Scroll Top

Throwback Thursday: Enya deserves better context


For a writing project in my senior year of high school, I analyzed the use of rhetoric in individually assigned instances of passively-consumed media. Mine was a series of commercials for mac and cheese, sharing the common premise of a child’s misbehavior being quelled by the calm contentment of a Kraft dinner. This contrast was made especially clear by the latter scene’s choice of background music: “Only Time,” a 2000 single by Irish singer-songwriter Enya. 


On the surface, the artist’s reputation for calmness is perfect for this use. Songs from her discography were included, for instance, in a 2011 study by Mindlab International on anxiety-relieving effects of music commonly said to be relaxing. In the wake of 9/11, outlets frequently used “Only Time” to provide a cathartic backdrop to their coverage, resulting in a well-selling rerelease of the single. I, for one, first heard the song played during kindergarten to encourage allotted naps.


Enya is considered one of the hallmark artists of “new age” — a genre of the late 80s and early 90s that blended “new” technology with influence from other-cultured “world” music. The context of “new” tech and flagrant exoticisms soon faded in favor of the fact that it made good yoga and spa music. I think the “new age” designation itself is problematic, lumping forerunners like Brian Eno and Beverly Glenn-Copeland with acts like Celtic Woman — with apologies to any of their fans.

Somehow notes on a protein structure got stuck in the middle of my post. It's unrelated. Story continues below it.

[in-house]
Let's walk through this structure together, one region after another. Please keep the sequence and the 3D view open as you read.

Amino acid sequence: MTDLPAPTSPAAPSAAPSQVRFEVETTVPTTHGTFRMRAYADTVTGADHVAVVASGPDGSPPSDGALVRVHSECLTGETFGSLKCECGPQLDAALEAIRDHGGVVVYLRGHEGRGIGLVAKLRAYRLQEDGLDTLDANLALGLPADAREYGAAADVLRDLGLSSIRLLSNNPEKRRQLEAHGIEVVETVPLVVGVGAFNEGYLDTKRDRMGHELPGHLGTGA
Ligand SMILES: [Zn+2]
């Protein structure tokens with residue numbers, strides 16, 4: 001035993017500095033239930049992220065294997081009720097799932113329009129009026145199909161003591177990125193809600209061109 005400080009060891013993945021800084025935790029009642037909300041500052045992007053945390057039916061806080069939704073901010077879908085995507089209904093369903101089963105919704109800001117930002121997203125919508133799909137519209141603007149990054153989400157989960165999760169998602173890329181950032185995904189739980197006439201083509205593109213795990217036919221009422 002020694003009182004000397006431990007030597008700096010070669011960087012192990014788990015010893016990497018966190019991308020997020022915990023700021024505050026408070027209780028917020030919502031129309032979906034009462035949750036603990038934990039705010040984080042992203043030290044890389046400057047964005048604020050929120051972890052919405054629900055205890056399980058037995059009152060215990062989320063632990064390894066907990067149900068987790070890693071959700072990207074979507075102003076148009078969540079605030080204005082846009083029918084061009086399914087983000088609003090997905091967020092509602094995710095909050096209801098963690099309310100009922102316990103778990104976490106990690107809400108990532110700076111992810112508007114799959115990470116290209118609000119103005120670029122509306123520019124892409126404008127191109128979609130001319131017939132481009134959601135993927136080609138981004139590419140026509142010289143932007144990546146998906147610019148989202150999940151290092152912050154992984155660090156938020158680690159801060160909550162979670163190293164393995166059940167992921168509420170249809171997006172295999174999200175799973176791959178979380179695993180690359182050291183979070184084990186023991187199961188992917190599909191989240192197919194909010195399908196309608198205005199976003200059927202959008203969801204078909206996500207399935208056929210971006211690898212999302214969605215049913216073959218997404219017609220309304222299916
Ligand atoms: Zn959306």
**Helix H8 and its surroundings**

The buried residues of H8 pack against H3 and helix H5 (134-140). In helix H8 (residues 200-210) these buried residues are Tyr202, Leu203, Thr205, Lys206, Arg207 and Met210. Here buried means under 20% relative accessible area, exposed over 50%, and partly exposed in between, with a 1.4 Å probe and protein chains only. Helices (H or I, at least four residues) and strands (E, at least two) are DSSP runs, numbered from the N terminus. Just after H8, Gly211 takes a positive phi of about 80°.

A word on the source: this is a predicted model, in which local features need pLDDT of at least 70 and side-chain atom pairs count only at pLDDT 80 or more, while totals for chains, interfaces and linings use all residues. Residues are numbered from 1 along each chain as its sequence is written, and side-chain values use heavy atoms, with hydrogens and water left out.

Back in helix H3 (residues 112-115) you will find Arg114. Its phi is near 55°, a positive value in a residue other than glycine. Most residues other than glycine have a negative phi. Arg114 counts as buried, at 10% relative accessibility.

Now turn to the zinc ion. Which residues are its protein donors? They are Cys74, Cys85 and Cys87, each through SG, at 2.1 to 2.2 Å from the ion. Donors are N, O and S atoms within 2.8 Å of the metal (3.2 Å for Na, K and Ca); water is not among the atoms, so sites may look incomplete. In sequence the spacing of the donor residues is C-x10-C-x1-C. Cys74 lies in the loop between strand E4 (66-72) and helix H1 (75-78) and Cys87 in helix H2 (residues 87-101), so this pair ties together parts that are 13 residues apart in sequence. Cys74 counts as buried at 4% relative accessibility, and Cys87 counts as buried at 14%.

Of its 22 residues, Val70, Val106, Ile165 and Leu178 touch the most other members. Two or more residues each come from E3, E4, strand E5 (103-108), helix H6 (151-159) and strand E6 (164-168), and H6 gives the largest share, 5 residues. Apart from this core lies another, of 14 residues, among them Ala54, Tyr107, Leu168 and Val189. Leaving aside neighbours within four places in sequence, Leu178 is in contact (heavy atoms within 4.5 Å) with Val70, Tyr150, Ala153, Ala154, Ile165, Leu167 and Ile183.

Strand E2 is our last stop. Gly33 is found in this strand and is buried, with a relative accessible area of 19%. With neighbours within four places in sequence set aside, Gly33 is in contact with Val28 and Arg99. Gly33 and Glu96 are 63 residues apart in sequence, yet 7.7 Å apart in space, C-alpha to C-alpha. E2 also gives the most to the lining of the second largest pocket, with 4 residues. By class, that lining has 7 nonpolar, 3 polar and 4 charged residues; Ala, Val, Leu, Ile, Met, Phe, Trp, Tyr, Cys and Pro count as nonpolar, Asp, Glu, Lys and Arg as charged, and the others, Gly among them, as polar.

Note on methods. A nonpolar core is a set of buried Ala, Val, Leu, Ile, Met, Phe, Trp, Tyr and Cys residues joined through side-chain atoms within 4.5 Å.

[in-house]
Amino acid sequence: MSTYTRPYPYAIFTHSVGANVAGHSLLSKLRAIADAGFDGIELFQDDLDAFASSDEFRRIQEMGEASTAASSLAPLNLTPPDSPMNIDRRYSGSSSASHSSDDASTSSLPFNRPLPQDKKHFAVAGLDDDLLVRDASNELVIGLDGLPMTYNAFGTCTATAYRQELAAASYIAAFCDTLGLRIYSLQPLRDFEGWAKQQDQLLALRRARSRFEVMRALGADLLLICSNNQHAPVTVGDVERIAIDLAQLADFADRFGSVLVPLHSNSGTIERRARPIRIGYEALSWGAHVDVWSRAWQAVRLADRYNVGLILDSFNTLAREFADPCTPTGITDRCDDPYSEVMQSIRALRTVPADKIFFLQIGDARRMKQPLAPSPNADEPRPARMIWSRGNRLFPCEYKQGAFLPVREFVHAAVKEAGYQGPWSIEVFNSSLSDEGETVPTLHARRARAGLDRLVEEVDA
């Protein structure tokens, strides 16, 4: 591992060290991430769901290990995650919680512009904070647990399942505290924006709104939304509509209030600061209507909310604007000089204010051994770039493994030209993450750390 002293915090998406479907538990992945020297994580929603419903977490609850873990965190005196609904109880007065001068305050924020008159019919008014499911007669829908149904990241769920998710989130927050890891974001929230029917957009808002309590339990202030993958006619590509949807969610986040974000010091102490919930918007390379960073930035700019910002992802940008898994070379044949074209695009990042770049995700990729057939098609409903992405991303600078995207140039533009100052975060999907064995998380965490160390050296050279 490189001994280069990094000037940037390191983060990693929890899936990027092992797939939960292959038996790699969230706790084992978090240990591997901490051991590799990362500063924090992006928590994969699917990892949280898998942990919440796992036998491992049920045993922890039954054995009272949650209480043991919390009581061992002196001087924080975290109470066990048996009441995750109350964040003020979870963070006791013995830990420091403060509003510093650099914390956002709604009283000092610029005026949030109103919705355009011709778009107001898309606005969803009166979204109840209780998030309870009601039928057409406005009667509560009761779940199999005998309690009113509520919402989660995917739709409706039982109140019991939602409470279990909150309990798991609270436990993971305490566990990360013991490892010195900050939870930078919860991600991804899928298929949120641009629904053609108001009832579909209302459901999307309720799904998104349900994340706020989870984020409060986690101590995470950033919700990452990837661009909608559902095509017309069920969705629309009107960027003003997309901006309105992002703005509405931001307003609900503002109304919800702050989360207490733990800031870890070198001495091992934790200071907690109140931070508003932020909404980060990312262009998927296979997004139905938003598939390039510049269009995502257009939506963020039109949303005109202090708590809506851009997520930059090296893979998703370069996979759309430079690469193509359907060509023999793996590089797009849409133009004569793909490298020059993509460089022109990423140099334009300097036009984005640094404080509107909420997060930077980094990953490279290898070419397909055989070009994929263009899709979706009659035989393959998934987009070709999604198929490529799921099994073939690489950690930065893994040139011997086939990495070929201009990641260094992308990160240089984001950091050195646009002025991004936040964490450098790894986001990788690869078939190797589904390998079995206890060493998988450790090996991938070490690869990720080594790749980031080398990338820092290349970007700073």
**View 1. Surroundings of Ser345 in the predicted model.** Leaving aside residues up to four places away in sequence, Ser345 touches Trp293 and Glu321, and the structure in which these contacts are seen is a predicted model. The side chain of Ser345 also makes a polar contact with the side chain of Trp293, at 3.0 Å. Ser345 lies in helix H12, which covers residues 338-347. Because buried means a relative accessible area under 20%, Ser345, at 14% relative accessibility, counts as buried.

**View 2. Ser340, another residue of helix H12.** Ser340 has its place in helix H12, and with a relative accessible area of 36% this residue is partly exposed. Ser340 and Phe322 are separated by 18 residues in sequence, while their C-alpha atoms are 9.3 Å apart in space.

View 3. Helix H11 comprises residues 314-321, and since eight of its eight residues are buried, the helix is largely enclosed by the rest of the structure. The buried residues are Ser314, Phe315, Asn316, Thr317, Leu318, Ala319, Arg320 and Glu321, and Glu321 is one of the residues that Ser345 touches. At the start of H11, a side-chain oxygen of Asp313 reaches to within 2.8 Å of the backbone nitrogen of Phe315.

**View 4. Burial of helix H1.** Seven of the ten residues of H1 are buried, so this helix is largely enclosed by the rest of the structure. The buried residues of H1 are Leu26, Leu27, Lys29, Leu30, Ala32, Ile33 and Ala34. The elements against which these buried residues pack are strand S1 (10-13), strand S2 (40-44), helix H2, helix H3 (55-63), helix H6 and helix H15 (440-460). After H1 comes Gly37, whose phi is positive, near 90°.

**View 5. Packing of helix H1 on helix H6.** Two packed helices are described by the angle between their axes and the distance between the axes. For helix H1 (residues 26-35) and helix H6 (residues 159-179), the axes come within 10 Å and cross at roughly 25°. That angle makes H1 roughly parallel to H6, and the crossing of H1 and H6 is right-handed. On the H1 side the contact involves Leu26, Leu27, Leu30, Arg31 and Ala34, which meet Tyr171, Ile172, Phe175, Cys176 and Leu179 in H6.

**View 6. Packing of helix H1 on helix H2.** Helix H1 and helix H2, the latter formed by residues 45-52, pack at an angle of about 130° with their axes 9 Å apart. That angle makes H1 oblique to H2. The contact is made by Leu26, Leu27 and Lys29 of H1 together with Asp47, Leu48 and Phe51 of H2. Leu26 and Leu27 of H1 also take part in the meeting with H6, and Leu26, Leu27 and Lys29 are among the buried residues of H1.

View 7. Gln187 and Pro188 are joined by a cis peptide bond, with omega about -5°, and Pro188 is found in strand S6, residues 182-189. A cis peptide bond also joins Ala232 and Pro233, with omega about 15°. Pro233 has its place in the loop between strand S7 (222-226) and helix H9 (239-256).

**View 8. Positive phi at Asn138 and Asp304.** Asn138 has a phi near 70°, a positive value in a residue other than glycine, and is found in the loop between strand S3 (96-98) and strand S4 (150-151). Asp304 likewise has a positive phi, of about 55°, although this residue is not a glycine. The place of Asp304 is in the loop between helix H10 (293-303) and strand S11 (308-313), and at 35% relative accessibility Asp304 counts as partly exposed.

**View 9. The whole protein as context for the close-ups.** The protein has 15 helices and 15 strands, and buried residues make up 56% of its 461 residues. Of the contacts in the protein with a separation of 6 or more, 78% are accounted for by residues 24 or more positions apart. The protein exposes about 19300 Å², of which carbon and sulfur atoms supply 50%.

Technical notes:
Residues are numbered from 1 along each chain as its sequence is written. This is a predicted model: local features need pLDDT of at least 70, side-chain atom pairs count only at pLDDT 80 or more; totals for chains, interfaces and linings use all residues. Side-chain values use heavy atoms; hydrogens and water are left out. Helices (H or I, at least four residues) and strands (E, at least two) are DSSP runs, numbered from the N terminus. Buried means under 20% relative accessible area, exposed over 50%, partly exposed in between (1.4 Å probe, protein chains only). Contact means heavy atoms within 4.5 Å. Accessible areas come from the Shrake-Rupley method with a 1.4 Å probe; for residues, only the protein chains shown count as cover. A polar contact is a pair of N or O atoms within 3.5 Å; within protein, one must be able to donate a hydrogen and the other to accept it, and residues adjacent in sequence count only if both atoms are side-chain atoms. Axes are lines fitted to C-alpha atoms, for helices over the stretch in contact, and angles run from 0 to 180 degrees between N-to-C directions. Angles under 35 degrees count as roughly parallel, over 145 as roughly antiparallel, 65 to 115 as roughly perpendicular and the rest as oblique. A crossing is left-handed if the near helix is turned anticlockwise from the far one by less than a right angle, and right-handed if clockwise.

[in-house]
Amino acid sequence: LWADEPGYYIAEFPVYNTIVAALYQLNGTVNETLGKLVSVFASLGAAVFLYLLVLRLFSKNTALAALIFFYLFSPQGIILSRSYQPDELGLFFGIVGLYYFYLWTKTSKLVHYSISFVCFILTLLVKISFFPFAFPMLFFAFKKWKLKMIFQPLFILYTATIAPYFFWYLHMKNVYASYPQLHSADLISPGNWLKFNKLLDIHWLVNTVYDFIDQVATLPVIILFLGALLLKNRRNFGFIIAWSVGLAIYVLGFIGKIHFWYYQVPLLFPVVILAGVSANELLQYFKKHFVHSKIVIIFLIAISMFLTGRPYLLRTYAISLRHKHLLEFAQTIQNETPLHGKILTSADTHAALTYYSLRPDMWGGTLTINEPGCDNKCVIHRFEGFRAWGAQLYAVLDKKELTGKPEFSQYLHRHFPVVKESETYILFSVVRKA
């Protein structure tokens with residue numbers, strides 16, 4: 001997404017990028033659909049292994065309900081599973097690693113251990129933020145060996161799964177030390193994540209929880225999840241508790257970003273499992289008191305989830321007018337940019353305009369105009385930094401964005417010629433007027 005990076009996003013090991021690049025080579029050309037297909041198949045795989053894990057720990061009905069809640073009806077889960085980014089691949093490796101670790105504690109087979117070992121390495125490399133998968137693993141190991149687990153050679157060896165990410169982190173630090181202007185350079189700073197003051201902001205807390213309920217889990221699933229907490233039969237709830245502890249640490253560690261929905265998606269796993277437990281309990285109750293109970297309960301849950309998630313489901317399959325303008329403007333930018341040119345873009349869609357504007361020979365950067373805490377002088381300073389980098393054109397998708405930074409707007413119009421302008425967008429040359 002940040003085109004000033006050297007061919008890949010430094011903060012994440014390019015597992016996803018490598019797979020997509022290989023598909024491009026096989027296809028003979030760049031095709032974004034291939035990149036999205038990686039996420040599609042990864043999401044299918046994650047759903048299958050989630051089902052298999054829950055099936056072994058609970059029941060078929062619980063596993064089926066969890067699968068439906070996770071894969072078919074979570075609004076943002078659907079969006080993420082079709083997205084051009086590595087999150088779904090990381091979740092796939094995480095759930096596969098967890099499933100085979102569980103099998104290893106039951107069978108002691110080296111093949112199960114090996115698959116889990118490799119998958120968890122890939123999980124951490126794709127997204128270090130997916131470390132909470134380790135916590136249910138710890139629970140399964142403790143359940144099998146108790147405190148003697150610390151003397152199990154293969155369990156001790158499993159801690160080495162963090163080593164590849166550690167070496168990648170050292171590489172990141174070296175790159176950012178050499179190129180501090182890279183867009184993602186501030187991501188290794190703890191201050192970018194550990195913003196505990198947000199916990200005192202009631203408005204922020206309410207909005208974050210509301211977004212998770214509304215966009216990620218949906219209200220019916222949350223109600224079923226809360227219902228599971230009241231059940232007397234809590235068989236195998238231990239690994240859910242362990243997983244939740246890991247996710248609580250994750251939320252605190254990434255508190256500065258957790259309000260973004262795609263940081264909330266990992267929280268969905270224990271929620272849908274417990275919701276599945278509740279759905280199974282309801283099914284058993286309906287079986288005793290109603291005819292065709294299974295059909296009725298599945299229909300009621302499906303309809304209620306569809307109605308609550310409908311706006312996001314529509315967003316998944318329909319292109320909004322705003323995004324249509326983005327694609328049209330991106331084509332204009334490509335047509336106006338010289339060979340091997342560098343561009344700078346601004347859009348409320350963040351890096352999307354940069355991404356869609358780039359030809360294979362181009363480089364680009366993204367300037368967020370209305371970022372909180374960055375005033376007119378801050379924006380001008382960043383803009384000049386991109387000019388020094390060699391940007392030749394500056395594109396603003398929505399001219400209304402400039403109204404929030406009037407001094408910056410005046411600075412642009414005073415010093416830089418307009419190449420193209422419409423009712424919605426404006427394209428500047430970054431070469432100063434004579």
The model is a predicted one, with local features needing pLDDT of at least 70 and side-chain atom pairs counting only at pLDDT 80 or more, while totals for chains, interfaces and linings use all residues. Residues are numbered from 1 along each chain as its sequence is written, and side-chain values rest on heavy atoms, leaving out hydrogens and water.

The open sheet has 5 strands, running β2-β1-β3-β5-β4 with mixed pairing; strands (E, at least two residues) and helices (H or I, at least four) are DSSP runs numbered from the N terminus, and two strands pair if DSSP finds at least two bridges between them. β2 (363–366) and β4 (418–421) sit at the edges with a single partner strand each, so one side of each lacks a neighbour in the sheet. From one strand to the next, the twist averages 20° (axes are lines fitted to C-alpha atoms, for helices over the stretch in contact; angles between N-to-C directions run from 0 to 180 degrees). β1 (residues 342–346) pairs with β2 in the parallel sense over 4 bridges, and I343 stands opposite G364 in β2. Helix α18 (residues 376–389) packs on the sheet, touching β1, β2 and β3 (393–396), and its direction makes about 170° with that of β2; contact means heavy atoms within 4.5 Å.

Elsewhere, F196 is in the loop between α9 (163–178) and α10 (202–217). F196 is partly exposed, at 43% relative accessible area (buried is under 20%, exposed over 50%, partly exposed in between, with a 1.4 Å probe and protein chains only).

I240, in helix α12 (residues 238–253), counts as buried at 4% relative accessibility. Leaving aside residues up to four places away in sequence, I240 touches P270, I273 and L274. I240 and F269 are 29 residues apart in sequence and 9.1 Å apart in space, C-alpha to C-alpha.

This designation also ignores her work’s cultural influence. The authenticity and character of her vocal delivery, for instance, can’t be considered without her previous role as vocalist for her family’s folk group. As single-named stars from Ireland continue to flex their roots, from Bono’s “Bloody Sunday” to Hozier’s “Butchered Tongue,” I often recall Enya’s integration of Irish-language lyrics into her own brand of lush pop.


Even more overlooked is Enya’s innovative use of sound production technology. Her trademark choir-like background vocals were deftly-layered tracks and enhancements of her own voice. Her lush, orchestral-sounding arrangements in actuality featured the larger-than-life sounds of pioneering digital synthesizers, the use of which left an undeniable mark on digital composition going forward and aged far more gracefully than similar attempts. Informed as much by the times as it was by her own experience, her irreplicable sound was sampled by numerous artists from The Fugees to The Weeknd.


These factors result in a quality that makes for wonderful deeper listening or complement to other activities ­— yoga and otherwise. As the second best selling Irish artist, I believe Enya deserves assessment beyond the generalizations of an instant pasta commercial.

Zach Zelinski
+ posts